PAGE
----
My paintings and drawings and once in a while a work that I like.

Tuesday, August 28, 2007

Thoughts on the Encaustic Masterclass

I am writing this on my way home from the Masters Encaustic workshop given by Joanne Mattera at Castle Hill. After all the difficulties and stresses that it took to get there, the experience, relationships and information made the whole experience well worth the effort.
I thought it might be helpful to let you know what went on in the workshop and the things that I felt were most informative and helpful. First off, it hasn’t been since I went to the South Pacific in 2001 that I have gone away and focused 100% on my art career. Otherwise, at home there are the regular distractions and chores that need to be done. So, that made the experience enjoyable and productive.
One thing that I can say about Joanne is that she is both professional and humanistic. She reminds me of one of my BFA mentors, Joe Ostraff. They are both people who want you to succeed at your own goals. Rather those pesky people who are very dogmatic and believe that their way and what they are is the best and only way to go. So, I felt that Joanne was very supportive and yet, not afraid to tell you what’s up—the kind of person who would tell you that in fact your butt does look massive in those jeans, but in a way that leaves you feeling that you are still amazingly sexy.
The workshop was flexible. Joanne had a schedule that we stuck to as much as we needed to. I do not feel like I sat through an incredibly long lecture while in the back of my mind singing the new Interpol album and blurring my vision to see what people look like in soft lines.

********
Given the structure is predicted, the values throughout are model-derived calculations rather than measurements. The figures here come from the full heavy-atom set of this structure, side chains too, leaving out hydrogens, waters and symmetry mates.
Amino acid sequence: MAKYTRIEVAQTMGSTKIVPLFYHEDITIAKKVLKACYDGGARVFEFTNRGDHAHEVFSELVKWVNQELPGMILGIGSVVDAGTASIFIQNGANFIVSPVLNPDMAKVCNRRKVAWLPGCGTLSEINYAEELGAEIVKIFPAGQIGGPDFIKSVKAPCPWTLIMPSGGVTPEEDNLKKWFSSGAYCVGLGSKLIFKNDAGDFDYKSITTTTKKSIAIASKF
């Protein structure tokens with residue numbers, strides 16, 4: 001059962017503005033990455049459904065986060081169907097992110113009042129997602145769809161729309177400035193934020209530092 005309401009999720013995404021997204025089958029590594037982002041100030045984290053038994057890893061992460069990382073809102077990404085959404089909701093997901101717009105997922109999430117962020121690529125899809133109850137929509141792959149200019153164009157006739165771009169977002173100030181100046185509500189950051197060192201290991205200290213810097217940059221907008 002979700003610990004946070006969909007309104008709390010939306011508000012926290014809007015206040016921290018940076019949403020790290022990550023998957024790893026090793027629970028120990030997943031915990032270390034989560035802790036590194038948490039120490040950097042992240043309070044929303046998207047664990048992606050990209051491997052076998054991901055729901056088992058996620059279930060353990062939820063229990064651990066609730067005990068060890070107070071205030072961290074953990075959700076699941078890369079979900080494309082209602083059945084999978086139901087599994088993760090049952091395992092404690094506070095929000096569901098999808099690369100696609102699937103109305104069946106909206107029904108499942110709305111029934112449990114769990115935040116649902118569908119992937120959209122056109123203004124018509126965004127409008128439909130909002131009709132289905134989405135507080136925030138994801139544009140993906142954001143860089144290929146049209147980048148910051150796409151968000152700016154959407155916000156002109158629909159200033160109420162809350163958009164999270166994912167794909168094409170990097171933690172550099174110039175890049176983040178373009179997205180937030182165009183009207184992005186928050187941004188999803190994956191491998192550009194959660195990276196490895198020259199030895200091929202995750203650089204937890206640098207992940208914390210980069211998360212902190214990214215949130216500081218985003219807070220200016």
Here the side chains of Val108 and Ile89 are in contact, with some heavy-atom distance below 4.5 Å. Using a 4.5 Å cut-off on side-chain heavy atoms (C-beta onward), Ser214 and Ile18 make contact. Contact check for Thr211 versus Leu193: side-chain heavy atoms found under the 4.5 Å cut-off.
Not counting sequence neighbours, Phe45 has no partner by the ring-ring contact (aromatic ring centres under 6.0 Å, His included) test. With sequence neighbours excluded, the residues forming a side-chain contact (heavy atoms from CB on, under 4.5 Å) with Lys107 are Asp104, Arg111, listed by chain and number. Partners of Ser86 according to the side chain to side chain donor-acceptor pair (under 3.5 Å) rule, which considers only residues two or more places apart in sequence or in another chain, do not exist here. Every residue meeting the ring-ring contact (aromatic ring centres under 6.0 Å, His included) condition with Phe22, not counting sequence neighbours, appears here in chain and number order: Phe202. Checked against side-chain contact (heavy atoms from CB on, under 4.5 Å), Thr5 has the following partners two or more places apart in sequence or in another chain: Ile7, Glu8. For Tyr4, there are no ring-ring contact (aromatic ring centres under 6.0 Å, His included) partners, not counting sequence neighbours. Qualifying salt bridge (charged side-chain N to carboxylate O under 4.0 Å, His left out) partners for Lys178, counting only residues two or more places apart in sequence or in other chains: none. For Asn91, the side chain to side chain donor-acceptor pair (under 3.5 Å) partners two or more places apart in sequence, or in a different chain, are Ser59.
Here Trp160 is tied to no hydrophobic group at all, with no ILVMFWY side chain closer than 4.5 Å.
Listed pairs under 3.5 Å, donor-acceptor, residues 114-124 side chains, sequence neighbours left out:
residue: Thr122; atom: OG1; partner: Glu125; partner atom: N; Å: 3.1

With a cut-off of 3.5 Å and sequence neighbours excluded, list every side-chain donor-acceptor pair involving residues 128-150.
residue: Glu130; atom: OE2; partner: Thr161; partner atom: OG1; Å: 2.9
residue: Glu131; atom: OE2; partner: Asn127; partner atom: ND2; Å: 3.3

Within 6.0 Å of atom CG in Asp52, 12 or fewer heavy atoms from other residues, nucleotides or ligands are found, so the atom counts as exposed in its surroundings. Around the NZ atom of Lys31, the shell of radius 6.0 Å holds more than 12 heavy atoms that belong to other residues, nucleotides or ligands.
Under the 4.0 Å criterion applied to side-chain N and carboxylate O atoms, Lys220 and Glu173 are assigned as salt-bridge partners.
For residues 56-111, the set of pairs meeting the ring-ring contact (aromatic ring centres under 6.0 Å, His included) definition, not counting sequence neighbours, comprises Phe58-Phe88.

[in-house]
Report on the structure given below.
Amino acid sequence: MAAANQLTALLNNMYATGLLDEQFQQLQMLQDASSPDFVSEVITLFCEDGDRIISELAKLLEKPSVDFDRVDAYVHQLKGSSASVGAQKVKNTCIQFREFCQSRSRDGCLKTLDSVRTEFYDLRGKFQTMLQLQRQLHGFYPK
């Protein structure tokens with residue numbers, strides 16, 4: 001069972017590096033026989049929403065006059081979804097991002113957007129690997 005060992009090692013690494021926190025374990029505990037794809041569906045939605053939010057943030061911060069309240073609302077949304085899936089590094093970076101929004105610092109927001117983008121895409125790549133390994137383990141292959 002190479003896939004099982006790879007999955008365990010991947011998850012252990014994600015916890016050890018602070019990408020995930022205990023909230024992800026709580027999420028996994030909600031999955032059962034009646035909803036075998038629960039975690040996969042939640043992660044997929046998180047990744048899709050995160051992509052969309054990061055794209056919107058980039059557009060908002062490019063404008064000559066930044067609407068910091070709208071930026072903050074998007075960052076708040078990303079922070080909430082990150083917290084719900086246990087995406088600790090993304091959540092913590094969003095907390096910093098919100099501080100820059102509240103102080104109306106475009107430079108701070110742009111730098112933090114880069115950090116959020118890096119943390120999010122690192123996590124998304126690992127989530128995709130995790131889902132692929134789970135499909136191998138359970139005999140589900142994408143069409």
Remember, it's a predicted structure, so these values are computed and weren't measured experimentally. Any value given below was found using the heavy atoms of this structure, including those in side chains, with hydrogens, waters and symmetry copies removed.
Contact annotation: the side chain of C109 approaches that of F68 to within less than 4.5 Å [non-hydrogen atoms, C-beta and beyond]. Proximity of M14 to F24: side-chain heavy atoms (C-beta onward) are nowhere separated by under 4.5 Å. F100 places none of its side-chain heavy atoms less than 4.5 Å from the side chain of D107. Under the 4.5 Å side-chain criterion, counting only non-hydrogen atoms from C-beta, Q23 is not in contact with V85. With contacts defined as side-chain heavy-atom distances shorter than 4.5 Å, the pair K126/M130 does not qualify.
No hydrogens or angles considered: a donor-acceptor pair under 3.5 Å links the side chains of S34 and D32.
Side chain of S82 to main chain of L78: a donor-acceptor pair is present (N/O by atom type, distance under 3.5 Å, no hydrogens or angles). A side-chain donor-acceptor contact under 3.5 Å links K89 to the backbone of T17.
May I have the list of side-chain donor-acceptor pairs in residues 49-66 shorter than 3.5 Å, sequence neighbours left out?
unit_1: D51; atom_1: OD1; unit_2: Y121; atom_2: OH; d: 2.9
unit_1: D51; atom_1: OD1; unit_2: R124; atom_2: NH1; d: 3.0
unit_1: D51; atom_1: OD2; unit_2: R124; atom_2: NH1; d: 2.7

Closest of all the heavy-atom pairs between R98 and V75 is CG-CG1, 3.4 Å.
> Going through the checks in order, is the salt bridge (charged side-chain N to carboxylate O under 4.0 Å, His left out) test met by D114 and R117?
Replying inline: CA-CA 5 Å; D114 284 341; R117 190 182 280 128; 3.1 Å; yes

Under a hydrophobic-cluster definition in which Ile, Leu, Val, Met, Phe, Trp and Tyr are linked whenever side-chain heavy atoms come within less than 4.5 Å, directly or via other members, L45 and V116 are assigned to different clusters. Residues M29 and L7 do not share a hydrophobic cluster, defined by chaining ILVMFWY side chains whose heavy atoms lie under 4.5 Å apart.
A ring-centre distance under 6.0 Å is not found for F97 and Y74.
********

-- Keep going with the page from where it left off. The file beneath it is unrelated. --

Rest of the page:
There was only one demonstration! I didn’t come all this way to learn to collage or transfer or make some sort of stylized painting. We had a simple and short mono printing demo. We were given the option of mono printing for a couple of afternoons, which I happily did. (It is such a soothing way of art making and you can get a smashing product.)
We had a few discussions on developing you career. I think was probably the most beneficial for me—I am not sure about the other work shop-ees—but, I have never gotten that type of advice from a surviving New York artist. I gobbled it up and am ready to try it out and see if it can work for me.
Joanne addresses archival issues throughout the week. This was helpful to me because I taught myself to use encaustics. In my undergrad studies I learned various archival issues of oil painting, drawing and printmaking, but I didn't know anyone who knew much of anything about encaustic. I feel like I walked away from the workshop with a much better understanding of the needs of the medium.
To top off all of this bliss, I really enjoyed my first visit to the Cape. City life is so taxing, but the fresh air and solitude helped relax my mind. Being away actually made me realize how much I both love and hate New York City. It has everything you could ever want, but too much of it at the same time. I am not really part of the artist workshop culture, one that until this week I didn’t know existed, but I would recommend doing a workshop here and there. It can be rather refreshing for yourself and your art.

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photo courtsey of Jamie Perkins

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About Me

Brooklyn, NY
I am a artist living in Brooklyn and currently an artist-in-residence with Chashama at the Brooklyn Army Terminal. I have been working in encaustic for the past few years, but am usually trying out a couple of different art making media at once. Peter Everett once called my work kitch, but I don't think it bothers me.